Sherry Keith, Writer/Author : I’ve been writing one thing or another since childhood. As a teenager, I had ambitions to become a journalist, a technical writer, and a writer of fiction. As a “grown-up” I’ve managed to do a bit of each.   Maybe I dreamed of being a writer because women authors were visible back in the 1950s,  a time when women doctors, lawyers, mechanics, political leaders, engineers and chefs were not likely to be seen. Then I kept diaries and wrote some poetry. In college as a sociology major at UC Berkeley, I wrote my fair share of essays. I am forever thankful to the stellar public education focused on reading and writing  available while I was growing up in California. .

When I moved to Jamaica, the world of colonialism and imperialism really woke me up.   As a newly independent nation, Jamaica was asking all the fundamental questions about social and economic development.  Bob Marley was singing, loud and clear about social justice as the backdrop to those times.  In Jamaica I found a new trajectory:  a pathway which took me on a writing journey, mostly technical and occasionally journalistic  eventually leading to doctoral studies on International Development Education at Stanford University.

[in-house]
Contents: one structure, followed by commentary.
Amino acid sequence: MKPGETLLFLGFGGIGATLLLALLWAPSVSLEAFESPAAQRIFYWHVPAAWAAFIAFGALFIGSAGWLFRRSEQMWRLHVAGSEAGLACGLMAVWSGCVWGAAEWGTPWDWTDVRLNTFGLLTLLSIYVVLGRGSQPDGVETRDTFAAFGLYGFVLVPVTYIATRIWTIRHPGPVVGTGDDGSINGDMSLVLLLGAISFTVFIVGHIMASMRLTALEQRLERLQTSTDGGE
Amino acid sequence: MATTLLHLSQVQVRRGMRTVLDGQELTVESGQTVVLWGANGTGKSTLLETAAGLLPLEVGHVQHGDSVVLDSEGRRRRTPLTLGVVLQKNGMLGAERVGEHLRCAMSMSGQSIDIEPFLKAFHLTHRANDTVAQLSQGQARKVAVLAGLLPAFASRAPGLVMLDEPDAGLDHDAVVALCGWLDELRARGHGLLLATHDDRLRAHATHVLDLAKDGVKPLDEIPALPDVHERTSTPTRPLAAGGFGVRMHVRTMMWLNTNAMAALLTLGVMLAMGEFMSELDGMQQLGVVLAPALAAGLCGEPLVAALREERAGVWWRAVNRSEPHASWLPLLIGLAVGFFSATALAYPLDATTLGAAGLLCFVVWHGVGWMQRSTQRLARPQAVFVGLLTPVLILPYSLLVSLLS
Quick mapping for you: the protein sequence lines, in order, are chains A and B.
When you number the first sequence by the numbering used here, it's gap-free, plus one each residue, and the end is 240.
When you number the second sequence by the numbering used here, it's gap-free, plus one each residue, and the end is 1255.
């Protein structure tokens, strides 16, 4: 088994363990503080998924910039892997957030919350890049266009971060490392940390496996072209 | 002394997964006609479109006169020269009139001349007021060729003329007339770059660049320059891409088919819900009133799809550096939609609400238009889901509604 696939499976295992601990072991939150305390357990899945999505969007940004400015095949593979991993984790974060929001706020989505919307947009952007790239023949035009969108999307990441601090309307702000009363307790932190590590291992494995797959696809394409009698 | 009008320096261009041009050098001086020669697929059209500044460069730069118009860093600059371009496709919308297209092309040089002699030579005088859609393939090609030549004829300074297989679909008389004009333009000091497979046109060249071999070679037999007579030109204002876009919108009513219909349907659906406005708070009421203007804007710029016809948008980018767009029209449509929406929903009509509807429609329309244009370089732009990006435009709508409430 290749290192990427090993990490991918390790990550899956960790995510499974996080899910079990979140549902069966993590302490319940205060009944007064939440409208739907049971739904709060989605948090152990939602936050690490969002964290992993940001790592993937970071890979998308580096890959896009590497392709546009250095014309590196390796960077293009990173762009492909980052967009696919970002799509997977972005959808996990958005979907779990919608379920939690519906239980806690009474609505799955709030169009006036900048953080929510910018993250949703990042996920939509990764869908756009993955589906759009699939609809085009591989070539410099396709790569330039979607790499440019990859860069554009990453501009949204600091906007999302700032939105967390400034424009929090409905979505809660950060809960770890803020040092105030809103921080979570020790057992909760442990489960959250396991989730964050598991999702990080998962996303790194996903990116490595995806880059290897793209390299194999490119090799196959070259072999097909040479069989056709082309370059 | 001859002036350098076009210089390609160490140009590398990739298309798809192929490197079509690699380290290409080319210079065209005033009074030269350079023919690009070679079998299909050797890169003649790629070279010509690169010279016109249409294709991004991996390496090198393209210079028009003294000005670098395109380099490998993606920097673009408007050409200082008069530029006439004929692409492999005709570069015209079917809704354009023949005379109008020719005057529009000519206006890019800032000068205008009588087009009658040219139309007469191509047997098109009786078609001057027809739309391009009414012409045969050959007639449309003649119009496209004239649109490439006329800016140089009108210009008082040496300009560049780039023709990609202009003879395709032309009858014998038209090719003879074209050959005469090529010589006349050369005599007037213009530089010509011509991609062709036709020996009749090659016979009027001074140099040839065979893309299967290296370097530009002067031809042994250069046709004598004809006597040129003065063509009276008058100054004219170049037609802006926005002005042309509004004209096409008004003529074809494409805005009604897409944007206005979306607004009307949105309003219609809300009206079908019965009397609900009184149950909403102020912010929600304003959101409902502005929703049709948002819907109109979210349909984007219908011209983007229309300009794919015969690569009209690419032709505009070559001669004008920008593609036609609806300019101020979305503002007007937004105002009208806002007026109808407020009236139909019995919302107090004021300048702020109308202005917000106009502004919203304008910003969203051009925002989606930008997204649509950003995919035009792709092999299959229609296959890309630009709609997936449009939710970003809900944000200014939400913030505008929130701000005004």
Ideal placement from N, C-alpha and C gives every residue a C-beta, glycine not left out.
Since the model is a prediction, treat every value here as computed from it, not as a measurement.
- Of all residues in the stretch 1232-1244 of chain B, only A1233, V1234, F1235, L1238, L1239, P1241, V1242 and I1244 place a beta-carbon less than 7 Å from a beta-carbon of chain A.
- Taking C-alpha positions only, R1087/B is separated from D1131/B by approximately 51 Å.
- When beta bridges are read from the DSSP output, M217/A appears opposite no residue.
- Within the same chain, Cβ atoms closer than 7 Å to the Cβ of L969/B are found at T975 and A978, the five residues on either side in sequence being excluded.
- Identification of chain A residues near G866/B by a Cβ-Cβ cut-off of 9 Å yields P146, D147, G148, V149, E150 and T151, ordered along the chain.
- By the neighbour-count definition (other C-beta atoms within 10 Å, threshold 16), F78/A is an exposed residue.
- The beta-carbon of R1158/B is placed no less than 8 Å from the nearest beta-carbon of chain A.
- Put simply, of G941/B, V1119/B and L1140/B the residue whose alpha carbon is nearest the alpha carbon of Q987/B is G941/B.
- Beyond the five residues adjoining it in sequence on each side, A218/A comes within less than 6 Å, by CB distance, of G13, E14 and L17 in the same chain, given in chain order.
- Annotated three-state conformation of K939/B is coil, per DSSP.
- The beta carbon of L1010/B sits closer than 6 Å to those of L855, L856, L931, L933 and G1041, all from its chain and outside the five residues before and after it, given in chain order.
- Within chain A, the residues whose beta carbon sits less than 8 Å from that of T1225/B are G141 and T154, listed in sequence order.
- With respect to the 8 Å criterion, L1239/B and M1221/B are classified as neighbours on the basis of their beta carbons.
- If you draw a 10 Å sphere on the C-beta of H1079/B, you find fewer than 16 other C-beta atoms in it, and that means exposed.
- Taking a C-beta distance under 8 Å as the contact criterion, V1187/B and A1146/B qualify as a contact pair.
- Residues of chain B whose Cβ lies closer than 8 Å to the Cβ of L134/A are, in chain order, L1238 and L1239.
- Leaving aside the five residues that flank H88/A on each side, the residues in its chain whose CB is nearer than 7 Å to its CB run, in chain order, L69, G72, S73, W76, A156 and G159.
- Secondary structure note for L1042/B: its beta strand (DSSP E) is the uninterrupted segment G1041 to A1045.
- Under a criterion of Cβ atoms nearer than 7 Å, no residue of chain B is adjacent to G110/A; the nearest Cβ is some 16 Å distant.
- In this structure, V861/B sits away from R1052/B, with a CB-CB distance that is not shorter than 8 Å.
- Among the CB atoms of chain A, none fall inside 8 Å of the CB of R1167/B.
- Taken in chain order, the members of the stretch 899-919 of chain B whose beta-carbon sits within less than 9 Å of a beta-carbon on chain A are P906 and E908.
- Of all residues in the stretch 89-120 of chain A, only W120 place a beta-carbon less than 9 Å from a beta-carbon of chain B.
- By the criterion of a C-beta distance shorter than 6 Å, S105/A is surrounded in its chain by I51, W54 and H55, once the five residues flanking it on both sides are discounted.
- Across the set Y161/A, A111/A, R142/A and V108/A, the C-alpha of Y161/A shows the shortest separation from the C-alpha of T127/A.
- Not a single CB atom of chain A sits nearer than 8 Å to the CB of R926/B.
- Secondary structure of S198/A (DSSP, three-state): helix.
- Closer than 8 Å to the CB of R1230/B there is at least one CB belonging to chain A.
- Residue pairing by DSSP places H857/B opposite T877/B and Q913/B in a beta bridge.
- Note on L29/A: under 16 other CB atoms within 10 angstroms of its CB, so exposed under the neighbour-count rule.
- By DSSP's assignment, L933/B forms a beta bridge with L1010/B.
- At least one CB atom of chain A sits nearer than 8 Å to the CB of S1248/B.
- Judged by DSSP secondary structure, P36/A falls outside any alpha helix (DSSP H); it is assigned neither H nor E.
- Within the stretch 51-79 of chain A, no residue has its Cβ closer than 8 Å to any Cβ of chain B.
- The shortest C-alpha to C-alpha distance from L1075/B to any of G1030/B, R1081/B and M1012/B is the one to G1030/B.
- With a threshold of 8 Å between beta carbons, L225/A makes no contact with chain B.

Working from the mid-1970s in academia and the world of international development policy where writing was fundamental to exposing, explaining and proposing solutions to pressing problems kept me at the typewriter and then the computer for decades.  Since retiring from San Francisco State University where I was professor of social science and history, I have had the luxury of time to write about what I find most memorable and important . So far these recollections have been encapsulated in two memoirs and a novel. And there is more to come; stayed tune.